# Can someone convert memory address (hex) into MB for me?

Long story short, can someone convert this hex number memory address for me into MB?

0x000000022bffffff
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Long Story, I have to do some memory mapping to fix a problem with a crappy foxconn mobo to accept my fermi motherboard haha. That is the hex number I got from my mobo, I just don't understand how to view that as a MB form.

This is the guide I'm following:

cjmc45321988, just wrote a walkthrough for you below -- beer appreciated :D. It is a manual process that involves memory address computations, and was never meant to be user-friendly -- blame your mainboard BIOS writers for having to clean up after them. If you get stuck somewhere, post the specific step (and the output of the commands), and we can try to help further. In the future, please provide the relevant hardware configuration - in this case at minimum the Windows version (and 32-bit vs 64-bit), amount of RAM installed, and exact mainboard model.

To summarize:

1) Boot into 64-bit Linux, run these commands, and save the output:
dmesg | grep e820
cat /proc/mtrr

2) Get the last memory address (from the first command). In the above example, it's 0x1AC000000 in hex, or 6848MB:
[ 0.000000] BIOS-e820: 0000000100000000 - 00000001ac000000 (usable)

3) Compute the last address covered by write-back MTRRs (from the second command). In the above example, it's 6144MB + 512MB = 6656MB or 0x1A0000000 in hex:
reg02: base=0x180000000 (6144MB), size= 512MB: write-back, count=1

3) If the sizes are the same, stop here - this is not the problem. If the sizes are different, the first number is expected to be larger than the second number. Take the smaller number. This is the top address of your cached memory. In the example above, it is 0x1A0000000 hex, or 6656MB.

4) Boot into Windows, and change the current Windows boot loader entry to truncate the memory at this lower address. Make a backup copy of the current loader entry first, in case of error. For Windows 7, the steps are (must run from a command prompt that has been "run as administrator"):
bcdedit /copy {current} /d "Windows 7 - copy"
bcdedit /set {current} truncatememory 0x1A0000000
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DeveloperCommented:
I haven't read the long story yet, but the short story is:
022BFFFFFF = 9,328,132,095

Regards, Joe
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Author Commented:
Is that in bit or bytes etc?

This is in reference for my system memory so I need it in MB.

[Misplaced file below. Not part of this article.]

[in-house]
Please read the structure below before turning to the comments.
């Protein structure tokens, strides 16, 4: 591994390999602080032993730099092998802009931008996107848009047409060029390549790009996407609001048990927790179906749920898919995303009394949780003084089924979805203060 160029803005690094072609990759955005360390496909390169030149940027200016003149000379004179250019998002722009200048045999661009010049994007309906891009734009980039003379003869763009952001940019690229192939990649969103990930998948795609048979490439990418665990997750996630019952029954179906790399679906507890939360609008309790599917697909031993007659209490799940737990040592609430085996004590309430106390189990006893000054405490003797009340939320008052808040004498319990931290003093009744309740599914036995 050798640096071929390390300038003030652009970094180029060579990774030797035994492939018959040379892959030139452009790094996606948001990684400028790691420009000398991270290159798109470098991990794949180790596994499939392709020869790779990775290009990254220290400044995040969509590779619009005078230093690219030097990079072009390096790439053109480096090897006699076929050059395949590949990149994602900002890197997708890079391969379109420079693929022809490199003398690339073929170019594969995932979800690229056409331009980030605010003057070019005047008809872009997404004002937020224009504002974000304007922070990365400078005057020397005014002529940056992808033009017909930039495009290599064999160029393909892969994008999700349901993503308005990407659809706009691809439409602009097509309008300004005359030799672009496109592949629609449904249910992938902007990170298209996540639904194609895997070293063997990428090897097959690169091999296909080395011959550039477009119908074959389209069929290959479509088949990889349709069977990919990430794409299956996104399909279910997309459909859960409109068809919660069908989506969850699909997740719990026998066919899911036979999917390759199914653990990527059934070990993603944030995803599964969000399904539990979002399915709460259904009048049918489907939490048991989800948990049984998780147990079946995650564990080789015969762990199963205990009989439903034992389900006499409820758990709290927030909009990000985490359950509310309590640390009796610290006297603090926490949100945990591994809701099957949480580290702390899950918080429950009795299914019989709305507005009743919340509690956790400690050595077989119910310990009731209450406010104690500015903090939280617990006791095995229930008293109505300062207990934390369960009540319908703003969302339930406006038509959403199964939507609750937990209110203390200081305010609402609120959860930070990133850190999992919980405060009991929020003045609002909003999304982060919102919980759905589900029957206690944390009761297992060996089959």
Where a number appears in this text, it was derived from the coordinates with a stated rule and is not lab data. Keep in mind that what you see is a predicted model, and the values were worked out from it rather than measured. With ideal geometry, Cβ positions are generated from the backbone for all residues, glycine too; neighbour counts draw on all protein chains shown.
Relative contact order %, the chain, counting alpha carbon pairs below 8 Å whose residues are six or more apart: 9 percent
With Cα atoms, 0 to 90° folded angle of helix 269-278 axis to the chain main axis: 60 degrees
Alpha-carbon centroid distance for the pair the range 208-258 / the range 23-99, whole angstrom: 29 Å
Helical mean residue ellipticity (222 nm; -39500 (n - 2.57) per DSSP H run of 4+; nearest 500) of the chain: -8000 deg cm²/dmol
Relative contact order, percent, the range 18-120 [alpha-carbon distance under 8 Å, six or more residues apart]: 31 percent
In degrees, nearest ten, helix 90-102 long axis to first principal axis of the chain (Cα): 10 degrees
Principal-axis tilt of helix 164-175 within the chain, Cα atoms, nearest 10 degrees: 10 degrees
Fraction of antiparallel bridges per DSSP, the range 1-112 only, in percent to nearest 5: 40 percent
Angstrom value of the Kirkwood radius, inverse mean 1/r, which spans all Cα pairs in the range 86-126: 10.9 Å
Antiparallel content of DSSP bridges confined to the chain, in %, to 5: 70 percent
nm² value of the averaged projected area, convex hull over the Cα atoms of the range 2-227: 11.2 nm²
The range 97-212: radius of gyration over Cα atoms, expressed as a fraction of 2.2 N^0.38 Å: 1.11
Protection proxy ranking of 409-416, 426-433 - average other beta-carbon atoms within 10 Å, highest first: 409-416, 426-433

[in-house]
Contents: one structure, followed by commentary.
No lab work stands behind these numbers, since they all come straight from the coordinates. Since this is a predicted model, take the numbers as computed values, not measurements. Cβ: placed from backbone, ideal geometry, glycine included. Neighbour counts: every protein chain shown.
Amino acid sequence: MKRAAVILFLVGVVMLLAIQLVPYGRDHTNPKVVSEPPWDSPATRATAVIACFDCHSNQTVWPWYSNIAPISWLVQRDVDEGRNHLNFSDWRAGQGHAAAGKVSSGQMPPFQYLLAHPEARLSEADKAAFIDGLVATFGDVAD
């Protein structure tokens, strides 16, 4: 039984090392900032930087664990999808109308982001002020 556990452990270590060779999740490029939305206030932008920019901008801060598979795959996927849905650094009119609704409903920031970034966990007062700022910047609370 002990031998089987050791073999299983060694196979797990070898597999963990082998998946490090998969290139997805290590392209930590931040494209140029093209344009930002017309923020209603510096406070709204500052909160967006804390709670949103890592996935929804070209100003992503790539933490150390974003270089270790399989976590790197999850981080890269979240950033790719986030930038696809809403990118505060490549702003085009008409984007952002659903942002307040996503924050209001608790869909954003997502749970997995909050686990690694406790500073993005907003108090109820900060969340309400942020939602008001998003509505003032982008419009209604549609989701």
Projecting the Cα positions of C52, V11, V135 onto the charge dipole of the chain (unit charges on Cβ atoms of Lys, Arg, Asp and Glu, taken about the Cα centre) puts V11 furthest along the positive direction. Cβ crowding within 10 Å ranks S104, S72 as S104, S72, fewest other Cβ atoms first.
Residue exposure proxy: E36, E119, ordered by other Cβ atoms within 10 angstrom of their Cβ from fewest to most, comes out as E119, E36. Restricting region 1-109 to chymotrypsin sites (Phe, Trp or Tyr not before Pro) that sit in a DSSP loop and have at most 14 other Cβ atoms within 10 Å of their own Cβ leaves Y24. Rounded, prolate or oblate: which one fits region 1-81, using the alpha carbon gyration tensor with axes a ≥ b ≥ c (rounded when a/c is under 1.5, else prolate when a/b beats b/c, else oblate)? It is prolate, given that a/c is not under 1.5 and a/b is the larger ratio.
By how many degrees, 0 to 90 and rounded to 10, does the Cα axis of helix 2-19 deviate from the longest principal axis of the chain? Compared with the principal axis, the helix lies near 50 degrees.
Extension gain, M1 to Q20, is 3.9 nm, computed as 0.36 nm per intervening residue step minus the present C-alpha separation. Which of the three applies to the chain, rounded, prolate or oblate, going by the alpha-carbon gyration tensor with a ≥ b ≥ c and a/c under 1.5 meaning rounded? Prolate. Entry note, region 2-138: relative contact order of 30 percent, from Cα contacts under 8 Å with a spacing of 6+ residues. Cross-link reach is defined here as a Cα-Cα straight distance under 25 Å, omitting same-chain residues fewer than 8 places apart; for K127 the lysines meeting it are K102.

Looks too big too be in MB I think

Basically in the long story the poster states:

Let the last memory address (from the first command). In the above example, it's 0x1AC000000 in hex, or 6848MB

But that is someone else's computer, so I imagine mine is different number since I have more memory. My number is showing 0x000000022bffffff when I do the commands. But 9,328,132,095 looks too big to be in MB.
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DeveloperCommented:
I read some of the longer story (not all of it) and I see that they're saying:

01AC000000 = 6848MB

Here's how they got that:

01AC000000 = 7,180,648,448

They then divided that by 1024*1024 (1,048,576), which is 1MB in computer-speak. That is,

7,180,648,448/1,048,576 = 6848 MB

9,328,132,095/1,048,576 = 8896 MB

Regards, Joe
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DeveloperCommented:
Our messages just crossed, but I think I answered your last question.
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Author Commented:
8896 is the number I was looking for. Thank you very much Joe!
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DeveloperCommented:
You're very welcome!
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Author Commented:
Sorry to bother you again, but while I have you here for a moment do you know what

8704MB would be if we convert this number back to a memory address? NOTE: I know this is a different number than the 8896.

Edit: Created new question post for this

http://www.experts-exchange.com/Programming/Misc/Q_28233924.html
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DeveloperCommented:
8704MB = 0x220000000

See detailed explanation at new question. Cheers, Joe
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Commented:
Actually,
MB = 1,000,000 bytes  (10^6)
MiB = 1,048,576 bytes (2^20)

https://en.wikipedia.org/wiki/Mebibyte
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